In early 2008, a technology demonstration and exhibit centre showcasing Canada's world-leading hydrogen and fuel cell industry was officially opened. The Hydrogen and Fuel Cell Gateway was located at the National Research Council (NRC) Institute for Fuel Cell Innovation in Vancouver, and was conceived through a public-private partnership between the NRC, Natural Resources Canada, Industry Canada, the Government of British Columbia and the Canadian Hydrogen & Fuel Cell Association. 

2010 Olympics – First Bus Delivered as part of World’s Largest Development of Hydrogen Fuel Cell Buses

The first of 20 buses were delivered and successfully tested as part of the world largest hybrid electric fuel cell bus fleet. The bus was part of BC Transit’s project to demonstrate sustainable transportation technologies for the 2010 Olympics in Whistler, B.C. The twenty new hybrid electric fuel cell buses and two Hydrogen Highway fuelling stations were put into service in 2010 at Whistler, Vancouver and Victoria. The low-floor buses capabilities include of 500 km, a top speed of 90 km/h and a life expectancy of 20 years. They were the sixth generation of a fuel cell buses developed in Canada. Several Canadian companies were involved in this project such as Ballard Power Systems, Dynetek Industries, Hydrogenics Corporation, New Flyer Industries, Questair Technologies, Air Liquide Canada, and Sacre-Davey Engineering.

National Hydrogen and Fuel Cell Research Directory

The Hydrogen and Fuel Cell Research Directory is a free public on-line database of information on researchers and facilities in Canada. The purpose of the Research Directory is to increase the visibility, researcher collaboration and use of Canadian research and laboratory services in hydrogen and fuel cell technology.   See:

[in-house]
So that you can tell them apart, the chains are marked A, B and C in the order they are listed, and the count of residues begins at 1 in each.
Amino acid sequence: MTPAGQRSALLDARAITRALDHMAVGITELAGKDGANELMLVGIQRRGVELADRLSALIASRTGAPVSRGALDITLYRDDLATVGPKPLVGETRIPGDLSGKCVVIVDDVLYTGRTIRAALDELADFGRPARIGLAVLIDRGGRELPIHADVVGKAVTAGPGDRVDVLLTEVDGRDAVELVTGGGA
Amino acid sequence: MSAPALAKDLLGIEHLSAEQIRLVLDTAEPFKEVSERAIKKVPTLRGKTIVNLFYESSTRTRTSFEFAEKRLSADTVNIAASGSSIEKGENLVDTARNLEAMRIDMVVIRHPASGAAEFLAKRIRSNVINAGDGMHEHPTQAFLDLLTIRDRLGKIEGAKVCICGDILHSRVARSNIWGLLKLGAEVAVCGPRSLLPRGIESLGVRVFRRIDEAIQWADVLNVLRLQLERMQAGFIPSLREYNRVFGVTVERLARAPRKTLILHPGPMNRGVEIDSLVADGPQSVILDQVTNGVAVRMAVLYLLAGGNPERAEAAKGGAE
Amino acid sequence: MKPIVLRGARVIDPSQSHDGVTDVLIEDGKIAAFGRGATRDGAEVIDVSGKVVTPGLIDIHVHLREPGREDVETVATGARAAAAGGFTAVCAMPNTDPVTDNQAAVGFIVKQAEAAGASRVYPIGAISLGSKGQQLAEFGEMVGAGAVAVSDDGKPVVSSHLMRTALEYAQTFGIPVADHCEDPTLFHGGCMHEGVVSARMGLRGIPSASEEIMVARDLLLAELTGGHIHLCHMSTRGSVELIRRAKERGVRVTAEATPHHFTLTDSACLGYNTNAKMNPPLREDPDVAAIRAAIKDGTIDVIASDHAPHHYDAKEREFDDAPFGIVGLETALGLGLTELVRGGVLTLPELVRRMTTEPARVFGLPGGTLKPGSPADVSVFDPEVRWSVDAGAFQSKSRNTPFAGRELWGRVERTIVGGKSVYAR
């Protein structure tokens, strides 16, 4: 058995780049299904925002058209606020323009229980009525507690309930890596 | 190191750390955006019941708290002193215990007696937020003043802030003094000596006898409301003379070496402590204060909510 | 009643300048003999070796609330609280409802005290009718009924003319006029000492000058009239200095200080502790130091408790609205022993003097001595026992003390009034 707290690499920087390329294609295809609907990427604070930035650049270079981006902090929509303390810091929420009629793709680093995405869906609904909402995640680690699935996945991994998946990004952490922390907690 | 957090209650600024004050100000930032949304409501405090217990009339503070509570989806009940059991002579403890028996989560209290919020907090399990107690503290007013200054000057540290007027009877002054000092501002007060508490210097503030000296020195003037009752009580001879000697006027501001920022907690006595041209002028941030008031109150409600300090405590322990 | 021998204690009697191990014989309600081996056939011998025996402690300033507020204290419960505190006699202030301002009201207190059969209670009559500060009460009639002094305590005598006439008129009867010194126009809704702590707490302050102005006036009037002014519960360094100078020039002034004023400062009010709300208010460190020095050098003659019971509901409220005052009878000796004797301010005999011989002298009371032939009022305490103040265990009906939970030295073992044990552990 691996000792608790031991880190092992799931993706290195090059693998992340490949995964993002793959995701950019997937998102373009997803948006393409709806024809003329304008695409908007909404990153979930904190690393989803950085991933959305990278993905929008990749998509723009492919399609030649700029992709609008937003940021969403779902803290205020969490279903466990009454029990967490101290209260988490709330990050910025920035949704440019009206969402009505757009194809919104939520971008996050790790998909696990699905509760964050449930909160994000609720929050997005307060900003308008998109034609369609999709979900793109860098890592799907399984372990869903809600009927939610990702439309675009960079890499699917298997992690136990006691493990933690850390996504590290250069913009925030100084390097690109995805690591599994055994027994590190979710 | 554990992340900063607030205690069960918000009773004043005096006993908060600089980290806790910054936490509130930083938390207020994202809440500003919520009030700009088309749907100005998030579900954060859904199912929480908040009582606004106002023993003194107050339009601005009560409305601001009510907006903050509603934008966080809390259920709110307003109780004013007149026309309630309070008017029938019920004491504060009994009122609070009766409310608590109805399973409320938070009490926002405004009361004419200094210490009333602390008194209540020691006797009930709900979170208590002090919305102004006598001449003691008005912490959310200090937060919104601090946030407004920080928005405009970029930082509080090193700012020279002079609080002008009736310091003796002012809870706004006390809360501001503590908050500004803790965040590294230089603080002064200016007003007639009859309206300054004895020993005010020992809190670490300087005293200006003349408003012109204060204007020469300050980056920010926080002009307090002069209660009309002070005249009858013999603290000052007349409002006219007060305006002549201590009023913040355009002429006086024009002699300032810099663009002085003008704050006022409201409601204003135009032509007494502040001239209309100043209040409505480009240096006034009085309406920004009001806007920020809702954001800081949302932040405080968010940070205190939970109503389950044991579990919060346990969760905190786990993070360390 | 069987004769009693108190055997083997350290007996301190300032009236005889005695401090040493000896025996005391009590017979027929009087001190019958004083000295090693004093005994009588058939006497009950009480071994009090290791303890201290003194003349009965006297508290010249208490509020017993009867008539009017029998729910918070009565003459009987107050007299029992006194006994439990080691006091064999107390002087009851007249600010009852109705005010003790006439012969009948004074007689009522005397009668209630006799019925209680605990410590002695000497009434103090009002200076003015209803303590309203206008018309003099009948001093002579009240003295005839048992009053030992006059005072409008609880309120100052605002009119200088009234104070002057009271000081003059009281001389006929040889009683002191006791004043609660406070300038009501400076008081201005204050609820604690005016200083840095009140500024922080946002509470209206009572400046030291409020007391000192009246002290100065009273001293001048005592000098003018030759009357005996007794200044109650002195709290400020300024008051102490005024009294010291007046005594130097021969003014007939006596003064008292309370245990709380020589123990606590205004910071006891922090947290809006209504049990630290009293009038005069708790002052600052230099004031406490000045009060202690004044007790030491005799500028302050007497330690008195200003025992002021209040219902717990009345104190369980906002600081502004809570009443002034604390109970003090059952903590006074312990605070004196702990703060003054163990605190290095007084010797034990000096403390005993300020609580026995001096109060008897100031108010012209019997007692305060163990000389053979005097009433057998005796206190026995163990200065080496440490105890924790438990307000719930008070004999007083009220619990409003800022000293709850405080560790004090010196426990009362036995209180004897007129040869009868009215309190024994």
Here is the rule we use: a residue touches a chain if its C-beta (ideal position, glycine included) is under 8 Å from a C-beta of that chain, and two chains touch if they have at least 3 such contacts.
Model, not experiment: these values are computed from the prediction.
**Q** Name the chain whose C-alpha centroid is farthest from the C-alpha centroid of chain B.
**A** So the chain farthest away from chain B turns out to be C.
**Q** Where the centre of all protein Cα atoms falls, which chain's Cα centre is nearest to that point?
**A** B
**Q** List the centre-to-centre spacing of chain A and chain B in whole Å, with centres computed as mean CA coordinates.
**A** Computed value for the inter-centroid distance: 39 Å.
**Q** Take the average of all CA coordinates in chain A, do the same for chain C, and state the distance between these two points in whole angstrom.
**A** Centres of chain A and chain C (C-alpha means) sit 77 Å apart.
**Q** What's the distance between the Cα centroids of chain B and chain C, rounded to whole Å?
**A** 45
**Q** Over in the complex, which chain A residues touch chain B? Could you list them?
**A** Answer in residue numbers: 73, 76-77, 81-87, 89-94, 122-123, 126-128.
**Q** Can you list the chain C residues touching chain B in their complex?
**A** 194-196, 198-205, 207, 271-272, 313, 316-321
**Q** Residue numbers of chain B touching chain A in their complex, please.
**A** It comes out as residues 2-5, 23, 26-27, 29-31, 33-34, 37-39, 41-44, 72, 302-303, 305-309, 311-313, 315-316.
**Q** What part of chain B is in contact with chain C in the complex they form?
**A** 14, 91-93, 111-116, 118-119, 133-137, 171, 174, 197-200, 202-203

Establishment of AFCC Automotive Fuel Cell Cooperation Corporation

AFCC Automotive Fuel Cell Cooperation Corporation (AFCC) is a private Vancouver-based automotive fuel cell technology company founded in 2008 and owned 50.1% by Daimler AG and 49.9% by Ford.  AFCC was created to focus on fuel cell research, development and design specifically for automotive applications. AFCC is working closely with Daimler and Ford to advance automotive fuel cell technology.

Establishment of the Mercedes-Benz Fuel Cell Manufacturing Facility

In 2011, Daimler announced that Vancouver, Canada had been selected at the location of choice for the establishment of an automated fuel cell stack (engine) manufacturing facility which was named Mercedes-Benz Fuel Cell (MBFC).   MBFC was opened in June 2012 and it’s mandate is to determine how to manufacture FC stacks, on an industrial scale, at an affordable price.



Canada has been involved in the development of hydrogen and fuel cell technologies for over three decades.  Canada is well positioned to be a leading developer and adopter of these technologies for two main reasons.  Firstly, Canada is the largest per capita producer of hydrogen in the OECD, producing approximately 3 million tonnes annually.  Secondly, Canada is a world leader in the development of fuel cell technologies and hydrogen infrastructure systems.  

Over the past several years, Canadian governments, industry and academia have worked together to demonstrate a number of Canadian hydrogen and fuel cell technologies.  Such as:

The Hydrogen Highway and the Vancouver Fuel Cell Vehicle Programs - in the province of British Columbia (BC)

These initiatives involved the development of a network of hydrogen fueling stations, a number of FC vehicles, hydrogen powered internal combustion engine trucks, FC buses and also showcased several stationary, portable and micro fuel cell applications throughout British Columbia’s south western region.

BC Transit Fuel Cell Buses - in the province of BC

Hydrogen fuel cell buses produce no harmful emissions or greenhouse gases. At maturity, life cycle costs for fuel cell buses are expected to be lower than today's conventional buses. The purchase of these fuel cell buses and hydrogen fuel reinforced BC's commitment to reducing greenhouse gas emissions. Results from past tests of fuel-cell-powered transit buses are valuable, but the tests were restricted to small numbers of buses at any particular location. BC Transit was be the first to fully integrate an entire hydrogen fuel cell bus fleet into a transit system and their usage provided valuable information and data to the industry.